Stand with the Banned: Banned Books Week 2023

It’s Banned Books Week again, and the censorship of books is more dire than ever. From The American Library Association’s website (it's long, but important):

Every year, ALA's Office for Intellectual Freedom (OIF) compiles a list of the Top 10 Most Challenged Books in order to inform the public about censorship in libraries and schools. The lists are based on information from reports filed by library professionals and community members and from news stories published throughout the United States.

Because many book challenges are not reported to the ALA or covered by the press, the Top Most Challenged Books lists and 2022 data compiled by ALA represent only a snapshot of book challenges. A challenge to a book may be resolved in favor of retaining the book in the collection, or it can result in a book being restricted or withdrawn from the library.

ALA documented 1,269 demands to censor library books and resources in 2022, the highest number of attempted book bans since ALA began compiling data about censorship in libraries more than 20 years ago. The unparalleled number of reported book challenges in 2022 nearly doubles the 729 book challenges reported in 2021.

As you'll see in the top 13* challenged books below, the most frequently challenged individual books are overwhelmingly by and/or about BIPOC or members of the LGBTQIA+ community. This disparity isn't new; take a look at the list of the Top 100 Most Banned and Challenged Books of the Decade from 2010–2019. Challenging these books not only makes them more difficult to access for young people of all identities; it negatively effects often already marginalized authors' incomes, reputations, and future publication prospects when institutional orders decline, appearances are canceled, and word spreads of "inappropriate" content in their books. It frequently leads to online — or in-person — harassment of authors. It also wastes time and valuable resources for public and school libraries, which are already often spread very thin, and limits collection development when librarians opt not to acquire particular books on the chance they may spur challenges.

This year's theme is "Let Freedom Read!" and the Honorary Chair is literacy advocate and national treasure LeVar Burton. Watch Burton in conversation with Honorary Youth Chair Da’Taeveyon Daniels (from last night's Facebook Live event). The week culminates in a day of action on Saturday, October 7th. Look for Banned Books Week events in your area to get involved. And don't miss reading Adrienne L. Pettinelli's "Field Notes: The Day the Book Banners Came for Us" (from the September/October 2022 Horn Book Magazine) and Pat Scales's "What Makes a Good Banned Book?" (from the September/October 2009 Horn Book Magazine).

Here are the most banned books of 2022:

  1. Gender Queer by Maia Kobabe Reasons: LGBTQIA+ content, claimed to be sexually explicit
  1. All Boys Aren’t Blue by George M. Johnson Reasons: LGBTQIA+ content, claimed to be sexually explicit
  1. The Bluest Eye by Toni Morrison Reasons: depiction of sexual abuse, claimed to be sexually explicit, EDI content
  1. Flamer by Mike Curato Reasons: LGBTQIA+ content, claimed to be sexually explicit
  1. (TIE) Looking for Alaska by John Green Reasons: Claimed to be sexually explicit, LGBTQIA+ content
  1. (TIE) The Perks of Being a Wallflower by Stephen Chbosky Reasons: Claimed to be sexually explicit, LGBTQIA+ content, depiction of sexual abuse, drugs, profanity
  1. Lawn Boy by Jonathan Evison Reasons: LGBTQIA+ content, claimed to be sexually explicit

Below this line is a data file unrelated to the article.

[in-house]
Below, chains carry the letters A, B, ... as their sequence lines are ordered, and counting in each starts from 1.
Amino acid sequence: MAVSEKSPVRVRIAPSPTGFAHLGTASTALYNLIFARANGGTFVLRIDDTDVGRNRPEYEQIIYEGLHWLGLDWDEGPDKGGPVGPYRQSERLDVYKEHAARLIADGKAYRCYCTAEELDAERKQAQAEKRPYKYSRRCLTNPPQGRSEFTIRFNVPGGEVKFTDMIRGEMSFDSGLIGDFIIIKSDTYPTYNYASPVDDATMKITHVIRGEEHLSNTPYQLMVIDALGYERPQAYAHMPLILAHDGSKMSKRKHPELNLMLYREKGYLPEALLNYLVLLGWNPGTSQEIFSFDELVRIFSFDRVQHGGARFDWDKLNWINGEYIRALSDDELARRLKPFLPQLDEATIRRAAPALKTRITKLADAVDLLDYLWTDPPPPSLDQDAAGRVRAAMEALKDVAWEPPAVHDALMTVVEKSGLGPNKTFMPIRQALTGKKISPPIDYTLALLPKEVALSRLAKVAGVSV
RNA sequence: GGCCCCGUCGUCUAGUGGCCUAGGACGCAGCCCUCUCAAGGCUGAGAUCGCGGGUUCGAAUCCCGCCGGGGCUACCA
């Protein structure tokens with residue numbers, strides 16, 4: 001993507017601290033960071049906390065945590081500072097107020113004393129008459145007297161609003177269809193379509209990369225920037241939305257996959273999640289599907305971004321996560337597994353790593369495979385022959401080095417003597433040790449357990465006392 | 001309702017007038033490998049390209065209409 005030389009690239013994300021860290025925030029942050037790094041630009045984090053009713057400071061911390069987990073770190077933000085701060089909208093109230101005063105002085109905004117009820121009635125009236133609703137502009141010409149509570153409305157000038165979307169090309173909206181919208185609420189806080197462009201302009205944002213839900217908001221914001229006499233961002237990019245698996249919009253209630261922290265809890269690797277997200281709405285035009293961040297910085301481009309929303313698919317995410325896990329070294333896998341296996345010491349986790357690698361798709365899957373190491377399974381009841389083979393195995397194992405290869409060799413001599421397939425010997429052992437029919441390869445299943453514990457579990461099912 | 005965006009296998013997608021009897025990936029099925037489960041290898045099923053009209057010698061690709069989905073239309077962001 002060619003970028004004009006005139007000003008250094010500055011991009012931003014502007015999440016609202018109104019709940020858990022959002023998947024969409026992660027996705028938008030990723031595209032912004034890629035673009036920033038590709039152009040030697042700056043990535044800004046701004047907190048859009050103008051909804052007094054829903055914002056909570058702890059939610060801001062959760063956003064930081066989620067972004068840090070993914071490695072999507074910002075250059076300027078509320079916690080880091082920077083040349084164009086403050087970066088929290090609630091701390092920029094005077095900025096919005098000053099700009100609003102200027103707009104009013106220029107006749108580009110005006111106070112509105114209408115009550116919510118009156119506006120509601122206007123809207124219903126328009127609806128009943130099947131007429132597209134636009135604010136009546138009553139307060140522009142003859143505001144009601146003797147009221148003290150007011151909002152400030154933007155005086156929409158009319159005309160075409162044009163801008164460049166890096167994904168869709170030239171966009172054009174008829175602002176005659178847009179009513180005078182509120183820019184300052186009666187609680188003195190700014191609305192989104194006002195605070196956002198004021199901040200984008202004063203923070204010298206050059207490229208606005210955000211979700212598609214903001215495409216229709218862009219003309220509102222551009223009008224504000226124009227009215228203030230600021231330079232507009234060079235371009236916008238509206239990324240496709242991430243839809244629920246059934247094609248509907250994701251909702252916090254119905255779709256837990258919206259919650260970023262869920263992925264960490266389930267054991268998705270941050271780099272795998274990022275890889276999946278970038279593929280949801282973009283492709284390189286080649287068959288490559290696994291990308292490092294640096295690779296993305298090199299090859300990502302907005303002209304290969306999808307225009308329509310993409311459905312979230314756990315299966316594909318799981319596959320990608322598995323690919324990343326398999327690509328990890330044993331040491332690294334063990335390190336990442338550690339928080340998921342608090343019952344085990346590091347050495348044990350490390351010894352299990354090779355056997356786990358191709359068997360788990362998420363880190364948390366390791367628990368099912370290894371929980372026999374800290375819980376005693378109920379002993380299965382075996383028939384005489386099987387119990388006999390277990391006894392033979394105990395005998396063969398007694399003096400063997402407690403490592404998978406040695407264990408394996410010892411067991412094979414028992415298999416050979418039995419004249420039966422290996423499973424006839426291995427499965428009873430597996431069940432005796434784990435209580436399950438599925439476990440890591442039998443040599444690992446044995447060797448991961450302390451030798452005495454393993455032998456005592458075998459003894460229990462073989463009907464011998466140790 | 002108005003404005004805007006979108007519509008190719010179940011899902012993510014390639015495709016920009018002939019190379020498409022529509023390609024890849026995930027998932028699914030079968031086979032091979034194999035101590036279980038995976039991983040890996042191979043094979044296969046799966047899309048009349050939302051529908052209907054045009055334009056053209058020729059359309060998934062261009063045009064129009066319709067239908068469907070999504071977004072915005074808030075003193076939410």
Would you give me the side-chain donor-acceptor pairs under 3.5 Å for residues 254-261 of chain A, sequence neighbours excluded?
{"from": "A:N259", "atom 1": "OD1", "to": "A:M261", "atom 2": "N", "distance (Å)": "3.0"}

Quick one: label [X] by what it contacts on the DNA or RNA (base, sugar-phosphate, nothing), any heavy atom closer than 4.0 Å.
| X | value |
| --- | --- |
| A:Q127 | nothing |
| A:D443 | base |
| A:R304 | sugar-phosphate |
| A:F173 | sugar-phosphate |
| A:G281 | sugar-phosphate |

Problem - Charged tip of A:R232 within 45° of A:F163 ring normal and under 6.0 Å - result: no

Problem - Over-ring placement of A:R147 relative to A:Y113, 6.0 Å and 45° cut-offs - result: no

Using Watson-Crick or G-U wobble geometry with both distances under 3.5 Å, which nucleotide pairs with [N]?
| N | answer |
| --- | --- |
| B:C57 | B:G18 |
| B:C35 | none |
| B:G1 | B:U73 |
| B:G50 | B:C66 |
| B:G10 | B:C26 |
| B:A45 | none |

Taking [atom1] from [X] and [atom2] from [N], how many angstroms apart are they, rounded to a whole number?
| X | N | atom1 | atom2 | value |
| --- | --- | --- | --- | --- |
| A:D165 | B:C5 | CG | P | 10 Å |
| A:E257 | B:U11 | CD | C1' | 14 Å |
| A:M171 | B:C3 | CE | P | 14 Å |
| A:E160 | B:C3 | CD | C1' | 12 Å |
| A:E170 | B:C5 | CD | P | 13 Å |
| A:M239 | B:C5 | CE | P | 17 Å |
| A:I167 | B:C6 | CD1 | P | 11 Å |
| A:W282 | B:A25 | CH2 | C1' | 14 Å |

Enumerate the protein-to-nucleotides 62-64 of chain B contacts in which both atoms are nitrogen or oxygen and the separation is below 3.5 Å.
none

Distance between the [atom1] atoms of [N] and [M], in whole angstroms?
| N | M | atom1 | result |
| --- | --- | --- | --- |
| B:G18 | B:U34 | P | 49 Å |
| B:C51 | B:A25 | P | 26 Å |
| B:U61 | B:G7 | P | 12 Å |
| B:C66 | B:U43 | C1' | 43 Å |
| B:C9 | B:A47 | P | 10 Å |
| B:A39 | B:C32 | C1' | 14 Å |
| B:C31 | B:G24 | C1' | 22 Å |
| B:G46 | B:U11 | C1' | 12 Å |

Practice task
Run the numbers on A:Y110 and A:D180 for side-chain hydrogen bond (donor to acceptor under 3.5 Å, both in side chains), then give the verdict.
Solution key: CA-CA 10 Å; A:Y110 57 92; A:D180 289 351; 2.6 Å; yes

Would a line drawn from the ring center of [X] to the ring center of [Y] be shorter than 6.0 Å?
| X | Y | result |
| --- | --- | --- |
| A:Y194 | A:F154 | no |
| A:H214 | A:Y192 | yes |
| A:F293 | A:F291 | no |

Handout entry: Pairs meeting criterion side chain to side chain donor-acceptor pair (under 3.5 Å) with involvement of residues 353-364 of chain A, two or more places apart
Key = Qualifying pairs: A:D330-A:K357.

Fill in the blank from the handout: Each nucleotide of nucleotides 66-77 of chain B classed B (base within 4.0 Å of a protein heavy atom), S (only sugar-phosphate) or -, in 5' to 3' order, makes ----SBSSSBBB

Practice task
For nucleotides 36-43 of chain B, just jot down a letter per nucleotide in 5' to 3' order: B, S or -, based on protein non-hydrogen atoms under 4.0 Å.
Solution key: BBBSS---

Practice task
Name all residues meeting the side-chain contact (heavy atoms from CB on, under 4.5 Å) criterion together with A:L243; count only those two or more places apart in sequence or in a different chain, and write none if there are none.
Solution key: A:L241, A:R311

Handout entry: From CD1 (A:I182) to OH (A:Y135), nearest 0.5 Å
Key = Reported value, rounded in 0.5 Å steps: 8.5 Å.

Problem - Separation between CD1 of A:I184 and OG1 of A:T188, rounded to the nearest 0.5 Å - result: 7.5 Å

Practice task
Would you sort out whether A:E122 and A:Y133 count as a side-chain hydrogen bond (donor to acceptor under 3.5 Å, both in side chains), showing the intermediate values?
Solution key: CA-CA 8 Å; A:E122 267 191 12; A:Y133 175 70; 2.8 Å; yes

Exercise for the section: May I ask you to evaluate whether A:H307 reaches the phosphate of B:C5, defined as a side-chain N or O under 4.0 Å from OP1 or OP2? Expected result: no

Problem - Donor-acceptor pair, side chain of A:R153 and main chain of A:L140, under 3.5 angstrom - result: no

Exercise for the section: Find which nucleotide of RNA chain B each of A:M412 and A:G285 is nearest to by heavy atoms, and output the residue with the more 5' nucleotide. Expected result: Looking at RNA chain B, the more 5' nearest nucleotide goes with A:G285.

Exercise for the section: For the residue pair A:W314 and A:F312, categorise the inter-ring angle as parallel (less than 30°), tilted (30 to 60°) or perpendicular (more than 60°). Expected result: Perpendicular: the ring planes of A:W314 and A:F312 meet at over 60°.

1. The Absolutely True Diary of a Part-Time Indian by Sherman Alexie Reasons: Claimed to be sexually explicit, profanity
  1. Out of Darkness by Ashley Hope Perez Reasons: Claimed to be sexually explicit
  1. (TIE) A Court of Mist and Fury by Sarah J. Maas Reasons: Claimed to be sexually explicit
  1. (TIE) Crank by Ellen Hopkins Reasons: Claimed to be sexually explicit, drugs
  1. (TIE) Me and Earl and the Dying Girl by Jesse Andrews Reasons: Claimed to be sexually explicit, profanity
  1. (TIE) This Book is Gay by Juno Dawson Reasons: LGBTQIA+ content, sex education, claimed to be sexually explicit

And here's how the Horn Book reviewed 2022's most challenged children’s and young adult books:

by Mike Curato; illus. by the author
Middle School, High School    Godwin/Holt    368 pp.    g
9/20    978-1-62779-641-5    $25.99
Paper ed.  978-1-250-75614-5    $17.99

Aiden is not looking forward to starting public high school in the fall; his Catholic schooling heretofore has had its challenges — “jerks” — but at least it had become familiar. A summer at Boy Scout camp provides a break from his squabbling parents and a chance to breathe (“Everything is so quiet” in the woods) before school starts. Not so fast: camp also has bullies, whose taunts referencing Aiden’s presumed sexual orientation are only exacerbated by Aiden’s growing love for another camper, the athletic and sweet-natured Elias. Grownup LGBTs will know exactly what Aiden is going through, but this book speaks so well to those kids currently undergoing the ordeal. The graphic novel takes its time to fully pull readers into Aiden’s psyche and his setting, which provides the pleasures of summer and friendship and nature along with the rewards of Scout activities. (Orienteering!) The drawing is expertly cartooned, and the palette is black and white with occasional, and then increasing, daubs and splashes of red whenever passions — of many kinds — ride high. The variation of small, storytelling panels and full-page and double-page spreads for big moments is wonderfully effective, and the climax — Aiden in a literal dark night of the soul in the outdoor chapel — is high drama indeed, emotionally powerful, proudly and extravagantly spiritual (and as Catholic as any Graham Greene epiphany). He comes through it to have one perfect day at camp to sustain him going forward. If you will forgive the editorial intrusion, I wish I had had this book fifty years ago. ROGER SUTTON